Tom Watson and what it takes to go from good to great

Tom Watson was almost always an exceptional golfer.  He won the Kansas City Match Play Championship when he was only 15 years old.  He was an All-American when attending Stanford University and won four Missouri State Amateur titles.  He had the physical ability and brains to be a success in professional golf.
But Tom Watson didn’t burst on the scene like Tiger Woods did and start winning almost immediately.  When he turned pro in 1971 his career started slowly.  It was a learning process for him.  In his second year he had a second place finish and in this third year a couple of third place finishes.  What I remember about Tom Watson was that, early in this career, he would start off well and then fade at the end.  Winning a tournament was a mental block.  In the 1974 US Open, Tom had the 54 hole lead, but faded to a 79 in the final round.  He still hadn’t won a regular PGA tournament and there was written comment that he didn’t have what it took to be a winner.  His collapses were mounting up, but he didn’t become disheartened.  He learned from the experiences and those setbacks fueled his future success.
Tom was introduced to the game by his father Ray a scratch golfer himself.  He came under the tutelage of PGA professional Tom Thirsk, a fine player in his own right, who refined his swing and taught young Tom how to think and play the game the right way.  Byron Nelson offered valuable advice about dealing with pressure. Golf success is a series of building blocks and each block should be understood and something learned from each step.  Tom learned from failure, just like Thomas Edison learned from each failed attempt to perfect the light bulb.
Tom won the Western Open later in 1974 beating a fading Tom Weiskoff with a fine finishing 69 to win by 2 shots.  When you win your mindset changes.  Success breeds success.  Some players don’t learn from their first win and don’t build on it.  For Tom it was a springboard for future success.  So when he had an opportunity to close the deal the next year at the British Open, he knew what to do and won.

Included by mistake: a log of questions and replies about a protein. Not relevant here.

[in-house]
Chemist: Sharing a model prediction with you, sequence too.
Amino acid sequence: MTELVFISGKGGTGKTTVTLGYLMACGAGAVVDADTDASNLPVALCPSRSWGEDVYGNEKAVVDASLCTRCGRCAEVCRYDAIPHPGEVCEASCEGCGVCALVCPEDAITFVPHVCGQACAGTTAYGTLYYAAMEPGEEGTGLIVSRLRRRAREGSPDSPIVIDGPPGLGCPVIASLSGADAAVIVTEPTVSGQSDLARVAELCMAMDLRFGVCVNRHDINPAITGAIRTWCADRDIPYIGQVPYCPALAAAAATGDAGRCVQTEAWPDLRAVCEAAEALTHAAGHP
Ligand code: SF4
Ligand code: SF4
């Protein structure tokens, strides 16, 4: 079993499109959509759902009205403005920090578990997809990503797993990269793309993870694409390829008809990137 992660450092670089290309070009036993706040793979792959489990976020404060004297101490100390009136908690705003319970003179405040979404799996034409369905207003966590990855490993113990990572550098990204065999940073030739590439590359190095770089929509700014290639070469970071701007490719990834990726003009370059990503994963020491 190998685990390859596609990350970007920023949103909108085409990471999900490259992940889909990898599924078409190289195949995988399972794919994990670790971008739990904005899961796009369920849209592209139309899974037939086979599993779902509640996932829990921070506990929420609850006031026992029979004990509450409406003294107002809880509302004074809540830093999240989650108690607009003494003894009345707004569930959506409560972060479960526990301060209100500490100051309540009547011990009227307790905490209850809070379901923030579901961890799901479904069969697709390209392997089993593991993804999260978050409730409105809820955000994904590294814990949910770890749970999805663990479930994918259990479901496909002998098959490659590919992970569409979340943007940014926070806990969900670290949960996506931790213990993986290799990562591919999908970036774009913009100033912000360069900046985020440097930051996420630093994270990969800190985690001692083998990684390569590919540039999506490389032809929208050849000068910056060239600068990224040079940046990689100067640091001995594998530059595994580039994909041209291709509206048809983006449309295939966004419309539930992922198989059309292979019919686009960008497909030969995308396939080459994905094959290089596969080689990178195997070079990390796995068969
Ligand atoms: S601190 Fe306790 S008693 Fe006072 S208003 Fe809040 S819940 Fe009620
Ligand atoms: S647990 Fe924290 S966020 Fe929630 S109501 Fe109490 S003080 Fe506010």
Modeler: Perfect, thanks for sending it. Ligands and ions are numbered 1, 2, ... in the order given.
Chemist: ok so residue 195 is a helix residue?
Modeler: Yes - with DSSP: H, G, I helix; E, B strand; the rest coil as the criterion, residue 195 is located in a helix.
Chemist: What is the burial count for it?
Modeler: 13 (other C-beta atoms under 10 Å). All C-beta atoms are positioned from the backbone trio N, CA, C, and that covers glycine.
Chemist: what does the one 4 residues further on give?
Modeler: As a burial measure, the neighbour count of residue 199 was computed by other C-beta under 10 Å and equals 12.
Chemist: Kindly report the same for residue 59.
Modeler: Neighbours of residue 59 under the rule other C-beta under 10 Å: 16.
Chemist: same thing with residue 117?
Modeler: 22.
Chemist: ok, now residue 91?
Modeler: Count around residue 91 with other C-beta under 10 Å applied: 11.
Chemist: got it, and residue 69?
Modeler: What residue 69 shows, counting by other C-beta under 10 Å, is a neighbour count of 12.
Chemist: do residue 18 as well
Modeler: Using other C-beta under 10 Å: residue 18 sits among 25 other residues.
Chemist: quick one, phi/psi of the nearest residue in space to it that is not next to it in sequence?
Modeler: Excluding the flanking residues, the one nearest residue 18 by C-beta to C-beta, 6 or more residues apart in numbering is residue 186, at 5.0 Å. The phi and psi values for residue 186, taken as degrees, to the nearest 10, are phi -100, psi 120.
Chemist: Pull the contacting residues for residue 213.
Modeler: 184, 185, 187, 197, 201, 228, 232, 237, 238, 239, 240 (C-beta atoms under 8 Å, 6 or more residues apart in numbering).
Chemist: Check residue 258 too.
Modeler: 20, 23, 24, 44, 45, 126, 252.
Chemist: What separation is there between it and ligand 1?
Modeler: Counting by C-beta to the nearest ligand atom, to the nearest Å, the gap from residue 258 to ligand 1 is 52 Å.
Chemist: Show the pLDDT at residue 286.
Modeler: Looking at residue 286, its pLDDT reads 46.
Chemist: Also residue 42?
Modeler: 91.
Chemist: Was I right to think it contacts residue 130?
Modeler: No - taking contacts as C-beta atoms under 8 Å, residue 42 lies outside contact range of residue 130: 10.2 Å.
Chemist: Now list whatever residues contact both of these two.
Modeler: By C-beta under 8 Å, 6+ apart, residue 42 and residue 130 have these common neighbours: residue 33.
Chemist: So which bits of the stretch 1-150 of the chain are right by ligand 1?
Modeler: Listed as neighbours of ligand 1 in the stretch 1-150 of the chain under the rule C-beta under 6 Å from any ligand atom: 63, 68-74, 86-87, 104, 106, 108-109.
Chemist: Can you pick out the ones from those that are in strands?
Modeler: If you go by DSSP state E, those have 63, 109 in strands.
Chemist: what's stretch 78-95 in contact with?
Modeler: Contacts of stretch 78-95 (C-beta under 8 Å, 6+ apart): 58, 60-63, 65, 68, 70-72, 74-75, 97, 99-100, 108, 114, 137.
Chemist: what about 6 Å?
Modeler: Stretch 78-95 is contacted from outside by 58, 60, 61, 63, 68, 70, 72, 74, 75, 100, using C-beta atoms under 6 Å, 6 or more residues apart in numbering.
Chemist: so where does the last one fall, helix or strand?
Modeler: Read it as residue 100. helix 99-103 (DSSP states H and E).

The knowing how to win and the conditions and mindset that is required to accomplish the task is learned.  Theorize all you want, but you need to be in the heat of battle to fully appreciate the feeling and the concentration.  Watson has a unique habit of challenging himself.  In the 1982 US Open at Pebble Beach, Tom was faced with a very difficult shot out of heavy rough on the 17th hole.  A certain bogie was imminent and the television commentators predicted gloom.  Watson's caddie, Bruce Edwards, said to Tom, "Get it close." To which Watson replied, "I'm not going to get it close, I'm going to make it!"  Of course Tom did make that shot and golf history has one of its greatest moments. 
When asked what his mindset is after a poor round, Tom has replied that, “I got my bad round out of the way, so tomorrow will be a great round.”  When asked about his mindset after a good round his reply is, “I’m playing really good; I should play even better tomorrow.”  Another example of the Tom Watson inspiring himself is that he will frequently say to his caddy when faced with a challenging shot, “You’re going to love this, watch this one.”   What made the 1977 British Open Championship a classic was that Jack Nicklaus and Tom Watson played to their full ability and held nothing back.  Each responded to each other’s great shot with one of their own.  They were in a different world from the rest of the field.   Lee Trevino finished a distance third a full 12 shots back of the winner, Tom Watson.
To this day, I am so disappointed that Tom did not win the 2009 Open Championship at Turnberry in Scotland.  Stuart Cink made a 15 foot birdie putt in the group ahead of Watson to force Tom to par the last hole to win the championship.  The difficultly of the last hole is the tee shot, and Tom was straight and true.  His 8 iron was conservative and landed on line about 40 feet short of the pin.  Other shots landing around that spot checked right there or rolled 10 or 20 feet, but this one must have hit a hard spot and rolled off the back of the green leaving Tom a difficult pitch shot.  A decent pitch, but poor putt left him tied and he lost in the ensuing play-off.  Tom handled it like a champion, congratulating the winner and explaining that’s the nature of golf.  But I wonder if it grinds on him, because 99 out of 100 shots would have stopped on the green and he would’ve been the oldest major champion in history at age 59.  What a story that would’ve been.
Success in golf is learned in stages.  Learn from each round or shot and challenge yourself like Tom Watson.  Don’t settle for OK, but open yourself for your best shot.  Try the Watson challenge that he does occasionally for himself.  Say to yourself when you are a little nervous or hesitant over a difficult shot, “Ok, you’re going to love this, watch this!”   


Advance Golf School

VIP Golf Academy

Callaway Golf Company